Time To Beat: 10 hours
Difficulties: Easy, Medium, Hard (Played on Medium)
Available On: PC, Xbox 360, PS3 (Played on PC)
I picked up Bioshock Infinite on the Steam Summer Sale and plunged right in after Metro: Last Light. Two single player FPS games with a focus on crafting a great story. While Bioshock had a great story, it failed to meet Metro on crafting a living, breathing world. Metro also beat it when it came to the default PC key bindings, as basically every other PC game does. Irrational clearly did not think out how to lay out actions on a keyboard and mouse. which has to be my biggest gripe with the game. You win this one console gamers!
In Bioshock Infinite you play as Booker Dewitt, an ex Pinkerton Detective who takes a job to wipe his gambling debt to rescue Elizabeth from the floating city of Columbia and bring her to New York. Columbia is run by The Prophet, who calls you the False Shepard, and needless to say, he’s not a big fan of yours.
Graphics: It’s a pretty decent looking game, with beautiful vistas, and so so character models. It’s not going to push your system in the way that Battlefield and Crysis will, but it won’t distract you from the game either. The lighting really sets off the environment, and is used to great effect.
Gameplay: Like I said earlier, the way they laid out the controls on the keyboard and mouse make you want to “where they even trying?” Other than fighting with the controls, the game is a lot of fun. Like in previous Bioshock games, you get Virgors, which are special abilities that you can use given you have enough Salt, which functions as mana. You have the ability to upgarde your vigors and weapons through vending machines, as well as increase you salt, health, and shield through the finding of potions throughout the world. You can only carry two weapons at the same time, and I found the best weapon/vigor combination to be the carbine, hand cannon, and Murder of Crows. Upgrade the Murder of Crows to turn people into traps after their death, and wreak havoc on waves of enemies. The Murder of Crows sends crows out to attack people, stunning them, damaging them slightly, and making them take more damage. This makes them easy targets to pick off with your carbine. Elizabeth can also aide in battle, by finding ammo, health packs, salt packs, and opening up tears to bring in useful items into the world, like cover and turrets. The ability to ride the sky hooks is a neat addition to transverse the map, but all in all doesn’t really add much to game.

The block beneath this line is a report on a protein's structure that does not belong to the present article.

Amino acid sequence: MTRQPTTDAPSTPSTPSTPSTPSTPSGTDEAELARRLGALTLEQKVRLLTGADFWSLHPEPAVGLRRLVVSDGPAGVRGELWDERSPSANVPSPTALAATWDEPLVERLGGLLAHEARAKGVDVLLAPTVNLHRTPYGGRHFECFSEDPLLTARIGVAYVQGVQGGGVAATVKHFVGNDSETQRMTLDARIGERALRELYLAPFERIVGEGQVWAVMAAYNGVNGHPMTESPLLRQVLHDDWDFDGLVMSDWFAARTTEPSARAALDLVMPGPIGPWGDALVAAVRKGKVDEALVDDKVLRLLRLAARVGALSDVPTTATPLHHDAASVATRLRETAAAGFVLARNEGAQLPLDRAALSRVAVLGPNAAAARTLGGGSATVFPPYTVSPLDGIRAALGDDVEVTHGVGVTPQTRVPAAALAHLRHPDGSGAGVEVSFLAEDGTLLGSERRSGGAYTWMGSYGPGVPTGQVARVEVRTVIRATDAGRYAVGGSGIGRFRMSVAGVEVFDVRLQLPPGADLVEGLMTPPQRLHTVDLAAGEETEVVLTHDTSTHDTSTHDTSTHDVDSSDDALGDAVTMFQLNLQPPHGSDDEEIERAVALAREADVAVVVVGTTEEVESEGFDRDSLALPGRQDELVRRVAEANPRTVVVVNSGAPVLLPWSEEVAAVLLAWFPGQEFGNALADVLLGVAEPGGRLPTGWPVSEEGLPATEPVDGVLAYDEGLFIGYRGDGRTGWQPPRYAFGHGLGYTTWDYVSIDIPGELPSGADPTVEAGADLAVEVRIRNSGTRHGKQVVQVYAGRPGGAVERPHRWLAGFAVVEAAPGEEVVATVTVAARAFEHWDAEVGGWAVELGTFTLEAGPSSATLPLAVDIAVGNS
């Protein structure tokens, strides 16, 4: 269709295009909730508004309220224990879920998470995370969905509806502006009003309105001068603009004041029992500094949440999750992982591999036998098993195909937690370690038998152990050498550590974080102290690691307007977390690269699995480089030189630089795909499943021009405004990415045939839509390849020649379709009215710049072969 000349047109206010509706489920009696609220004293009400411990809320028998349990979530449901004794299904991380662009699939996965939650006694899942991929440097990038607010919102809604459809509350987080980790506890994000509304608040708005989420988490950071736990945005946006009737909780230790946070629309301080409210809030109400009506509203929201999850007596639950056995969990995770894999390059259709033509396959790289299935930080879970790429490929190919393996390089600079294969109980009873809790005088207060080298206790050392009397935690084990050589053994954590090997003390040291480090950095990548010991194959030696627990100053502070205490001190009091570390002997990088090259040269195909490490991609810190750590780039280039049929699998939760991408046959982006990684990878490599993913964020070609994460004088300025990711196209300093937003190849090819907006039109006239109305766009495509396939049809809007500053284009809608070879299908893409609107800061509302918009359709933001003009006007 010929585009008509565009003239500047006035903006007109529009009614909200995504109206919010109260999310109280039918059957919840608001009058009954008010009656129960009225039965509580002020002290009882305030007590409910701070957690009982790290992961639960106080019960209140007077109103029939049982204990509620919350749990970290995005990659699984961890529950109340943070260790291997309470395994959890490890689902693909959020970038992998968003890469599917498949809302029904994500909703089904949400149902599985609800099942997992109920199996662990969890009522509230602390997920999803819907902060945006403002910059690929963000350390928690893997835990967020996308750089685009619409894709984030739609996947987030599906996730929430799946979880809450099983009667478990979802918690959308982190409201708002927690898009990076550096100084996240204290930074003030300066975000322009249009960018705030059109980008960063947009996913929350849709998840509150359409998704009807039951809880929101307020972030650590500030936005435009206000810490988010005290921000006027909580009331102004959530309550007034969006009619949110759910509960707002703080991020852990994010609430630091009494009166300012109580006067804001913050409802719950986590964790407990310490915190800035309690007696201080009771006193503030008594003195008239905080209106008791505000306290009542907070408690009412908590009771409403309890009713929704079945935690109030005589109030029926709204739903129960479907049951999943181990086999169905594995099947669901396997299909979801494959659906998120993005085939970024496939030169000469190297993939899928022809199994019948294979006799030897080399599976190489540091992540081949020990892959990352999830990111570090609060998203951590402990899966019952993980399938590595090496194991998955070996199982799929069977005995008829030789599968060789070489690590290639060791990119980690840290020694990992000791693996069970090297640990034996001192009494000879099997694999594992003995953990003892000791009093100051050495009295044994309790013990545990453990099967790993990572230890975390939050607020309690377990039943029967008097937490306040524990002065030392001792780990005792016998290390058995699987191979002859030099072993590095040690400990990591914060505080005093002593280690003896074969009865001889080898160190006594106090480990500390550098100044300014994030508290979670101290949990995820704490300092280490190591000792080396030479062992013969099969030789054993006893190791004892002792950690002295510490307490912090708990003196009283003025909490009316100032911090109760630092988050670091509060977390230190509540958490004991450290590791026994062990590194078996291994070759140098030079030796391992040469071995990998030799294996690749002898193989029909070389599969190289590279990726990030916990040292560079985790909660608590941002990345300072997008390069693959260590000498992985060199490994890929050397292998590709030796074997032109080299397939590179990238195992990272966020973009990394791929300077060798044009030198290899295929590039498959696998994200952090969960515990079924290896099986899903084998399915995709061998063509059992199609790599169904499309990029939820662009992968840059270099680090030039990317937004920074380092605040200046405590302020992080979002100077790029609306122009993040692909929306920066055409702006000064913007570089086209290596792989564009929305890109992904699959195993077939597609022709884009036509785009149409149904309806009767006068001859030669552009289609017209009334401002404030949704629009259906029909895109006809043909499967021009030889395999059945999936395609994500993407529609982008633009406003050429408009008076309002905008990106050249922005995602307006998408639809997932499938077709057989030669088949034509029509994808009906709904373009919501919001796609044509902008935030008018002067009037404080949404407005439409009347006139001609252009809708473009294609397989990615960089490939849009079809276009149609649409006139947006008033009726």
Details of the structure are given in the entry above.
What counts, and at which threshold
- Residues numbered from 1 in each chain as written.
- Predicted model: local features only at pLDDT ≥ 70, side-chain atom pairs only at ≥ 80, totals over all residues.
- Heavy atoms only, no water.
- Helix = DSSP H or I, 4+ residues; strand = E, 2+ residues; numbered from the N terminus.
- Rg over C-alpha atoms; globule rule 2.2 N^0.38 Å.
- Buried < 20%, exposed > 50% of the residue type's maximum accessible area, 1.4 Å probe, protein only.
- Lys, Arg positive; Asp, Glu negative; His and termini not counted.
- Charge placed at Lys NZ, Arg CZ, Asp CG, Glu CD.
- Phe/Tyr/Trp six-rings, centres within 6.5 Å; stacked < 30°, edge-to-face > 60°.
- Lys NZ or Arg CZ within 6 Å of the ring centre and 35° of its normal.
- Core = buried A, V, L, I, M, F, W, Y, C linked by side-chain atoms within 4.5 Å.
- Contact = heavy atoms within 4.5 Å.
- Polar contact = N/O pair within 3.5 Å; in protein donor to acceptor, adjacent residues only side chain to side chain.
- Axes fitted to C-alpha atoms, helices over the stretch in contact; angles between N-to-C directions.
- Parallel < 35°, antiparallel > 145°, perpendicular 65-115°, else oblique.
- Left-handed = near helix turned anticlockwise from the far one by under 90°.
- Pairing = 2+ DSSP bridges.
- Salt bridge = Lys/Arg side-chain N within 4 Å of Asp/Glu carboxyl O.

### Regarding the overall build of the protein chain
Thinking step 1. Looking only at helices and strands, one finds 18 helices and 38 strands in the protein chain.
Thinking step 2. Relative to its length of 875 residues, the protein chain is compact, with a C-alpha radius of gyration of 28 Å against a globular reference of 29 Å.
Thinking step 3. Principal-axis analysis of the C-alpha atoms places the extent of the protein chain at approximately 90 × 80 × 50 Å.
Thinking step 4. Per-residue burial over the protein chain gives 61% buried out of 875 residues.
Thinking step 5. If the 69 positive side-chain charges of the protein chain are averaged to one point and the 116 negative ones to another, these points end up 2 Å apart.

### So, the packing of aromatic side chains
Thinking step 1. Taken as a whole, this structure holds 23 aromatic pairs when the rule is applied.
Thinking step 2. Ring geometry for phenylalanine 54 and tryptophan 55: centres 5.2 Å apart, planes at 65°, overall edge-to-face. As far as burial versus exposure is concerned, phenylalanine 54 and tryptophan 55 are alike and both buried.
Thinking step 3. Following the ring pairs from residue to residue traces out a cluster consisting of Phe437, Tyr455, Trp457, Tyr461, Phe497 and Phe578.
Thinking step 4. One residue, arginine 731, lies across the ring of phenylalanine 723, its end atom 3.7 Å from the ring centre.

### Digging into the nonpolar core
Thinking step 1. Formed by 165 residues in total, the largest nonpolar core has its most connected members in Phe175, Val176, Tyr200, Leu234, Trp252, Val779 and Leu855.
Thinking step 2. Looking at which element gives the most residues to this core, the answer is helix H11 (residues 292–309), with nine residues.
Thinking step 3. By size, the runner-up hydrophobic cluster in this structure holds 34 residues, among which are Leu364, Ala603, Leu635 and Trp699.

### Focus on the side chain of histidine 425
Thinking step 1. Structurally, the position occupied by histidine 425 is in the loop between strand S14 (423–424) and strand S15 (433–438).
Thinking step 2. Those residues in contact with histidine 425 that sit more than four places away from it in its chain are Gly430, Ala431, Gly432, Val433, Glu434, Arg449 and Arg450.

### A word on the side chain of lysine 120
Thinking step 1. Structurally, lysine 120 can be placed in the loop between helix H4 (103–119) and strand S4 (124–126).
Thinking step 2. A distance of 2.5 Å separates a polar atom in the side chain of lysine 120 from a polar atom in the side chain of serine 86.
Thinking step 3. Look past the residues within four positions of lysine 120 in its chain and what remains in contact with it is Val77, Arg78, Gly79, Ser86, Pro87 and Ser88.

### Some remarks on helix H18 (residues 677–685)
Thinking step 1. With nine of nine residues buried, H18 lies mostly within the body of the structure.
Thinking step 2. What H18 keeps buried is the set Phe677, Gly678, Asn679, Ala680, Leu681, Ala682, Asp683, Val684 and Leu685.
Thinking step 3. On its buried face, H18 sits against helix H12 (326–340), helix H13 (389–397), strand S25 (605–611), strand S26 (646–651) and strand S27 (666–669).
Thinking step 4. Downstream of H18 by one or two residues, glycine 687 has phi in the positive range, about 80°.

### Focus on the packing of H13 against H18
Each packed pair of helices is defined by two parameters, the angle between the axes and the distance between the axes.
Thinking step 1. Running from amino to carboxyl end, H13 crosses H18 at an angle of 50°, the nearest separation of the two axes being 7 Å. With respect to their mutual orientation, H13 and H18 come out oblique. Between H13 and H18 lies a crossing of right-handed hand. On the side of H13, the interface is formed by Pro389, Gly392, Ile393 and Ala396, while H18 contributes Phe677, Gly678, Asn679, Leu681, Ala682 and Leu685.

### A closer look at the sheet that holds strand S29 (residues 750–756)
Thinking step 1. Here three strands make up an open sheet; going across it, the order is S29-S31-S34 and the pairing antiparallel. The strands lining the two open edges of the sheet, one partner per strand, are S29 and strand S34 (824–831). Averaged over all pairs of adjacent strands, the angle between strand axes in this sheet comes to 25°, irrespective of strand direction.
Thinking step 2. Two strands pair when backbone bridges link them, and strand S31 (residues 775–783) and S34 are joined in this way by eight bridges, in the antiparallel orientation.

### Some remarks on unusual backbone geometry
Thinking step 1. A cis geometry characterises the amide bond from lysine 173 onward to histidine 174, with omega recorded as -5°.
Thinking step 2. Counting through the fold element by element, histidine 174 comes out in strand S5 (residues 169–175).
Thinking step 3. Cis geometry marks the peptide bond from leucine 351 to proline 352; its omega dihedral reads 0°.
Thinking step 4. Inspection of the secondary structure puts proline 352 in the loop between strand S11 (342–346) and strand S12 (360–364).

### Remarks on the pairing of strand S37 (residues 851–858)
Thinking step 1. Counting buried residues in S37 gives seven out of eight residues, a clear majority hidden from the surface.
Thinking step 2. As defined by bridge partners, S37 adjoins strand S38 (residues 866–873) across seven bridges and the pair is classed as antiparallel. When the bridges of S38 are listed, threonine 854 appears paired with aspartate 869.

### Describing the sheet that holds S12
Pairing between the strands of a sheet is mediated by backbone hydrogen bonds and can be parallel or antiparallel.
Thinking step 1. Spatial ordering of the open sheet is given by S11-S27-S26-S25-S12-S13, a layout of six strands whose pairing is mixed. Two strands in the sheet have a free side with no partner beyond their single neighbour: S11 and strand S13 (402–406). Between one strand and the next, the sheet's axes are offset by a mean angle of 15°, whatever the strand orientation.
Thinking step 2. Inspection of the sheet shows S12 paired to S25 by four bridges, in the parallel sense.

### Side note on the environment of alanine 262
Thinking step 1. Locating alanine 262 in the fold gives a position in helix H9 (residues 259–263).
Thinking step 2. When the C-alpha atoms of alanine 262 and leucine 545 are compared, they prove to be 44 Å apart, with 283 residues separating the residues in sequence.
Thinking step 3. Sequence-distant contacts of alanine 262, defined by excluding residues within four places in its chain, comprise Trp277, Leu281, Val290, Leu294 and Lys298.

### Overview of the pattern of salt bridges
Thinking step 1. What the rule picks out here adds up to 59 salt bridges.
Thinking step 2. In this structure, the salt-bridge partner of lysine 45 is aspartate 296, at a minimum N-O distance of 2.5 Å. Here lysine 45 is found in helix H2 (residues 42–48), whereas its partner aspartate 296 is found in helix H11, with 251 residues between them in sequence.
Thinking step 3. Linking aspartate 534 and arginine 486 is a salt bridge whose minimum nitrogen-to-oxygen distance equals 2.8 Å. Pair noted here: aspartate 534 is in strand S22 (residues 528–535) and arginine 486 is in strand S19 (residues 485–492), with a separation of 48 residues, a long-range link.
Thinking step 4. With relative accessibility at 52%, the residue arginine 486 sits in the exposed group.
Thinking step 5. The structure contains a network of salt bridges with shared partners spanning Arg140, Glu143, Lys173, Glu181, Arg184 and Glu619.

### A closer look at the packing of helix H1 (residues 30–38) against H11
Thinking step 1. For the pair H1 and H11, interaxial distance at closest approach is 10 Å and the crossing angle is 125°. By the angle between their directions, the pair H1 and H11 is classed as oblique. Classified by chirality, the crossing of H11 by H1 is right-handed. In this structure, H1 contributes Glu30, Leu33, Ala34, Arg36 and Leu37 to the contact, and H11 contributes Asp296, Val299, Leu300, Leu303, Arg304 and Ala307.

Story: The main focus of the game, the story. There are a lot of questions brought up in this game that are slowly revealed later on. Like what’s the AD inscribed on your hand, who is paying to retrieve Elizabeth, what exactly is she, what have they been doing to her, who is Anna, and so on. It also gets a bit strange, with these tears that lead to alternate dimensions and times. If you need someone but they are dead in this world, just open up a tear to one where they aren’t. It’s all very strange, but it all combines to a very interesting ending. It’s one of those endings that make you go wait what? What just happened…I uh…wow. Yeah, it’s a pretty good ending. Throughout the game you repeatedly almost complete your mission, but then something happens and you got all this other shit to do.
Sound: Sound is well, it’s there. The voice acting is spot on, bringing you into the story. I do like the little bit of Creedence Clearwater Revival we got through a tear. All in all, the sound isn’t anything to write home about. Nothing jumps out as WOW, this sound is AMAZING, but it also doesn’t jump out in a bad way either.
Other than the crappy controls, Bioshock is 10 hours well spent. I personally give the edge to Metro: Last Light if you are debating between the two, even if it was 2 hours shorter. Bioshock did have the more shocking ending though, if you are in to that sort of thing. That and tons of alternate dimensions and what have you. Just know that…
I BEAT IT FIRST.